We’re proud of what we’ve been able to do and we could not have done it without you!"
Now tell them what you have planned for this year. Note, I said, “this year.” Not the next two or three or five years. You need their membership commitment to accomplish even greater things in the coming year. List a few of those great things you are going to do. Again, bullet points are my preference; short, sweet, bullet points. Also show some excitement about what you have planned…you just can’t wait to get to the projects! If some of what you have planned is continuing the programs you are already doing, that’s fine, but do emphasize why those programs are so necessary and important.
Finally “The Pitch”
The pitch or closing the deal,, whatever you prefer to call it. This is not the time to be shy, ask them to renew their membership and make it urgent “Please renew your membership today!” This is the paragraph (or two) where you might even include a premium for renewing quickly, such as: “If you renew your membership in the next two weeks, we will send you our lovely low-flow shower head so you can begin to conserve water right away!” This is also the place where you can ask them to renew at a higher level or add an extra amount to their membership.
Thank them again, let them know that if they need anything they can contact you and you will be happy to assist. The closing must be from the highest officer (Executive Director) or Chair of the Board, not the membership director. Make it warm and friendly, I think “Sincerely” is just fine but you can go beyond that with a “Your partner in water conservation, Jane Doe” if you choose, just make sure it’s not cheesy.
Here are some technical points:
- Try not to go over 2 pages. I once was in a seminar in which a direct mail consultant said the appeal letter had to be 4 pages. I completely disagree. People do not have time to read 4 pages, the mail package will cost you a lot more and nowadays, people see lots of paper as being wasteful. I recommend 2 one-sided pages so it has some weight, but if your organization is highly concerned about conservation, you can do a double sided letter (not my first choice).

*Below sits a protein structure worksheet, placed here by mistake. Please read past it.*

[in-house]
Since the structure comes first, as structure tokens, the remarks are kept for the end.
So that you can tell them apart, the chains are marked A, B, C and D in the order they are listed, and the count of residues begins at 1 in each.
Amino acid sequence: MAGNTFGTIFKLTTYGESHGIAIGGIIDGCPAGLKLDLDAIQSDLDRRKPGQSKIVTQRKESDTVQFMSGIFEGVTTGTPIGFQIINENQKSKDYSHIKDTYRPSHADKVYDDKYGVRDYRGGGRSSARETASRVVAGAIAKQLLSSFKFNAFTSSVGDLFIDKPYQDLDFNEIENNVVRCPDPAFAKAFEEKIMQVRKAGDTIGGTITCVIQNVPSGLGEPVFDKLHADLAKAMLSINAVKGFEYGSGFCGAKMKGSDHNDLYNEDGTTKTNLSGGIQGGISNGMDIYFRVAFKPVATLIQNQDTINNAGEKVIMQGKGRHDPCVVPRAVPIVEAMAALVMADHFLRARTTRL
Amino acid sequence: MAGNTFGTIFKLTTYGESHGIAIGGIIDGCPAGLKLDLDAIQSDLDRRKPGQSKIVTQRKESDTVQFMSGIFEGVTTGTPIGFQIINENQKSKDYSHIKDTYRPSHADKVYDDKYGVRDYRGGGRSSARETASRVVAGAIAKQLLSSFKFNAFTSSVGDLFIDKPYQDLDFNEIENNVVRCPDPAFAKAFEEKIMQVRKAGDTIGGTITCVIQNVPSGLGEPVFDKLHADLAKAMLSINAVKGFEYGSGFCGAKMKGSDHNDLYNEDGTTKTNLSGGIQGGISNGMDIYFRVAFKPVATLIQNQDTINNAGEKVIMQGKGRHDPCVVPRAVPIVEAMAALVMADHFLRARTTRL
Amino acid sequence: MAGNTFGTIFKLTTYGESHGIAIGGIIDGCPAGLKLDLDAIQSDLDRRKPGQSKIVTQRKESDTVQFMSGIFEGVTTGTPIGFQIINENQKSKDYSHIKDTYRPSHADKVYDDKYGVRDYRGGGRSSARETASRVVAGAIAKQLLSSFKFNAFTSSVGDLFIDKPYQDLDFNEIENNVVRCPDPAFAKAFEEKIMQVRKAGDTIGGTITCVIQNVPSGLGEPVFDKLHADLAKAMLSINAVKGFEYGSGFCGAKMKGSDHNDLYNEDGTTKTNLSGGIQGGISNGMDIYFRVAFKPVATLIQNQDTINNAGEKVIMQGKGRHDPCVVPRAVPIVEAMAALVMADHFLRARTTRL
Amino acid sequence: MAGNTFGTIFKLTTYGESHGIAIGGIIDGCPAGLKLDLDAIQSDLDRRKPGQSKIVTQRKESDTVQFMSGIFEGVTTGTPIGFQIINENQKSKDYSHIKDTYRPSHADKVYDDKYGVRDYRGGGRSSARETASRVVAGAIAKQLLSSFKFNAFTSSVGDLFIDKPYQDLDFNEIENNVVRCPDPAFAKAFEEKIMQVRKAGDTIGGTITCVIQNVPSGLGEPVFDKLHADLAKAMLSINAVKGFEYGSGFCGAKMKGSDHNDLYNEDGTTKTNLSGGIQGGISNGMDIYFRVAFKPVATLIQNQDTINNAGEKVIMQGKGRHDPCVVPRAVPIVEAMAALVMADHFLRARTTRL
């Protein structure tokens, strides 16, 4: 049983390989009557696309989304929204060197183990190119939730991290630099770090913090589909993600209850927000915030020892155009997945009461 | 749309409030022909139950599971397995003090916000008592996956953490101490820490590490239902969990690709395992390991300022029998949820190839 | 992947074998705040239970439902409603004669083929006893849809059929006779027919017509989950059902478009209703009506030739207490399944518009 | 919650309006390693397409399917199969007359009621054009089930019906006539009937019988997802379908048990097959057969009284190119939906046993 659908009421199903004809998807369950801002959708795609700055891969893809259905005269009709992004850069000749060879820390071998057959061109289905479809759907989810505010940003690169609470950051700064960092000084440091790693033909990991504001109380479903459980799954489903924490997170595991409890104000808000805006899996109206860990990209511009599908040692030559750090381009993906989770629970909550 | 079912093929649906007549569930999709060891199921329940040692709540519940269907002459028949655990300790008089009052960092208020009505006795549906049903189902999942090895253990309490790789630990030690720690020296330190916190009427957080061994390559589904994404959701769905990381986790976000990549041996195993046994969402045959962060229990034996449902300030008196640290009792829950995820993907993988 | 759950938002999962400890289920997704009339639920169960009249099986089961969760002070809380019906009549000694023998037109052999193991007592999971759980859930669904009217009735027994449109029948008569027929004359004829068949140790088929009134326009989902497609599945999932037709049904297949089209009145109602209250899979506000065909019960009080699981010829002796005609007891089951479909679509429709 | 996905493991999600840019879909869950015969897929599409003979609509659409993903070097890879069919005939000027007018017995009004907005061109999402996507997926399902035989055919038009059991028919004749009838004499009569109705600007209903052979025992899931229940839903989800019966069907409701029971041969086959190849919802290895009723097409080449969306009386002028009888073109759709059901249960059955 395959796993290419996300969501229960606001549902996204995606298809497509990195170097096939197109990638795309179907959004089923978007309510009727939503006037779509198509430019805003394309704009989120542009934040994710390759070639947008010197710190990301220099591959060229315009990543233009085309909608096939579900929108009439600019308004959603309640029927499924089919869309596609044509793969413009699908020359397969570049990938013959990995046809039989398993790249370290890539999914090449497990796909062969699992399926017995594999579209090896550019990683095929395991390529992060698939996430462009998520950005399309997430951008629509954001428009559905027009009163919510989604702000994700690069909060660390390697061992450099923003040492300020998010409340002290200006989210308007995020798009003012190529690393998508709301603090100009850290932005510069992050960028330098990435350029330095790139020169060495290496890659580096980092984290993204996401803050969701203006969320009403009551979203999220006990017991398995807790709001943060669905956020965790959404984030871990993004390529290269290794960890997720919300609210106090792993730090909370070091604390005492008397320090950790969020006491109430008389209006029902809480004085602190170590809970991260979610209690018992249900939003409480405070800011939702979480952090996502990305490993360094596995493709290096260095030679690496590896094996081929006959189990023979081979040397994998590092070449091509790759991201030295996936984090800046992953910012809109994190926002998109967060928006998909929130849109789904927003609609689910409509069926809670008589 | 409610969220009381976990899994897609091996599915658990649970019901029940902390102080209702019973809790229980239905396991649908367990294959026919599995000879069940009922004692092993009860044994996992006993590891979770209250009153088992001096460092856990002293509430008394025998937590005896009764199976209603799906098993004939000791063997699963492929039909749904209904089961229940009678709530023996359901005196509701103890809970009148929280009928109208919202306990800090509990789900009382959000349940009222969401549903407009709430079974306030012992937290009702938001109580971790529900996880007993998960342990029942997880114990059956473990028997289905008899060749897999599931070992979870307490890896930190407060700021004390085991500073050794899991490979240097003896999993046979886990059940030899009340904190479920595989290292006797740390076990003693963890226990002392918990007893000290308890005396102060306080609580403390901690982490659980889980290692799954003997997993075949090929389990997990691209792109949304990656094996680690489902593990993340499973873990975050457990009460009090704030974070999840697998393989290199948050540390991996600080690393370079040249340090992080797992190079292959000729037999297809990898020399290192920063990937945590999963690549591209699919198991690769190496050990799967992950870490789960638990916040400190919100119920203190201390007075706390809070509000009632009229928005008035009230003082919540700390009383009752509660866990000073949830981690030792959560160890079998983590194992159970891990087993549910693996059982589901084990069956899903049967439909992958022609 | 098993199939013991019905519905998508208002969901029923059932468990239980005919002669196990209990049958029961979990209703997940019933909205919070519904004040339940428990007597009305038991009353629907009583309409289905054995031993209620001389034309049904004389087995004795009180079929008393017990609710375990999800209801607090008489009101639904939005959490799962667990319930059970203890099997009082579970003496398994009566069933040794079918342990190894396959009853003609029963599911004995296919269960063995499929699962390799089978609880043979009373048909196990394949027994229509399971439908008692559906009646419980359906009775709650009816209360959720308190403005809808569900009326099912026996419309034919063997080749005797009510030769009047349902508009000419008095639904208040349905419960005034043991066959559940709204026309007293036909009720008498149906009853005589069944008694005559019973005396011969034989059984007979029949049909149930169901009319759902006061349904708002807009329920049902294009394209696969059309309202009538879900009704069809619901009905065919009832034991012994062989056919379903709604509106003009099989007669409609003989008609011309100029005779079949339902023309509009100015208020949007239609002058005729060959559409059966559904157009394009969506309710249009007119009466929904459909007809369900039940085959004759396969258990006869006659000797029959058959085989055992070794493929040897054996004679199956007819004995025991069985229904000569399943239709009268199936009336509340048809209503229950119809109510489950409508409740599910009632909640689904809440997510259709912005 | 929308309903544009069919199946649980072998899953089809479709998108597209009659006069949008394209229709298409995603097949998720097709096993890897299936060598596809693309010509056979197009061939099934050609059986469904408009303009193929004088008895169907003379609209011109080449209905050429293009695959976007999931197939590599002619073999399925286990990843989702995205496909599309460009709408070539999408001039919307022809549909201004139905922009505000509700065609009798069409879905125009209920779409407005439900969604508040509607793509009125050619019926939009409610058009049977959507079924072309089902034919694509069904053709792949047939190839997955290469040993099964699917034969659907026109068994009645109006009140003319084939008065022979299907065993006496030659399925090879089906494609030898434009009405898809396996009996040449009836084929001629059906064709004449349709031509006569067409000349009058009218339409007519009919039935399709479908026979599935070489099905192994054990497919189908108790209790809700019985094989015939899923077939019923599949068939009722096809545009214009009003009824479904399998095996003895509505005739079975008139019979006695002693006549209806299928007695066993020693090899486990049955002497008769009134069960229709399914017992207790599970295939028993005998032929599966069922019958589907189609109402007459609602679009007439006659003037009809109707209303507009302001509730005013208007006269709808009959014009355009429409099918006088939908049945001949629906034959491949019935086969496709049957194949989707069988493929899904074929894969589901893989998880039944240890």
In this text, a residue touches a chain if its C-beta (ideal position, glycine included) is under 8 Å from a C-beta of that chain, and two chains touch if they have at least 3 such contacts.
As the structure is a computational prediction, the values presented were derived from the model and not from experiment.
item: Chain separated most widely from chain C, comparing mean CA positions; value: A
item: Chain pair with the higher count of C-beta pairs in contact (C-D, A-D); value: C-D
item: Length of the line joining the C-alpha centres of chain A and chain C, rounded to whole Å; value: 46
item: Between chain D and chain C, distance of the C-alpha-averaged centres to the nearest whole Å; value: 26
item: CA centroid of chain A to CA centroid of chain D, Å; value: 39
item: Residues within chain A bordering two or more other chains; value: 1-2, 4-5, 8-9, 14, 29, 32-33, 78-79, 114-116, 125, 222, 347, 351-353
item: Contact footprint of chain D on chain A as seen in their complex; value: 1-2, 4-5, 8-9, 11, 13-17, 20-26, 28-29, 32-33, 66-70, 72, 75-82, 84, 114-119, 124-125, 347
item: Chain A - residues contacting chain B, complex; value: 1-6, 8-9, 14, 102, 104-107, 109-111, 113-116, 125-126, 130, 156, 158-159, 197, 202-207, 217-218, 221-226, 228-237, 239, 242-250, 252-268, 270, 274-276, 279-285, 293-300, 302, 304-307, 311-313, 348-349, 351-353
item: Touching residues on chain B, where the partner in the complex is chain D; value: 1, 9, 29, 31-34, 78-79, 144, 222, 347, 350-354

- Do use recycled paper and envelopes, people notice things like that.
- Include a return envelope. You don’t have to provide postage and in fact, I recommend you do not provide postage as some will view that as waste. If they really like you, they will spring for the stamp.
- Be sure the outside envelope has “Address Correction Requested.” While you have to pay the return postage, in the long run it helps keep your list clean.
- Don’t forget to include the membership application.
- Be sure the signature of the Executive Director or Chair is in blue, not black. Even while most people understand that the membership letters are computer generated, having the signature in blue makes it look more personal.
- Be sure to send a thank you note, it can be brief, but acknowledge their membership. Many organizations like to provide membership cards, you can do that, but it’s very expensive, so unless having a membership card entitles them to some discounts or special events, you don’t need to do that. A nice thank you will suffice.
In the previous post I talked about when you should mail, how often you should mail, etc. You cannot mail one time and expect good results, you just can’t. Read the Membership Recruitment and Retention post mentioned at the top of this one for a membership renewal mailing strategy.
And, please do write me if you have any questions or need assistance info at riedelcommunications dot com
Thanks for reading! Bunnie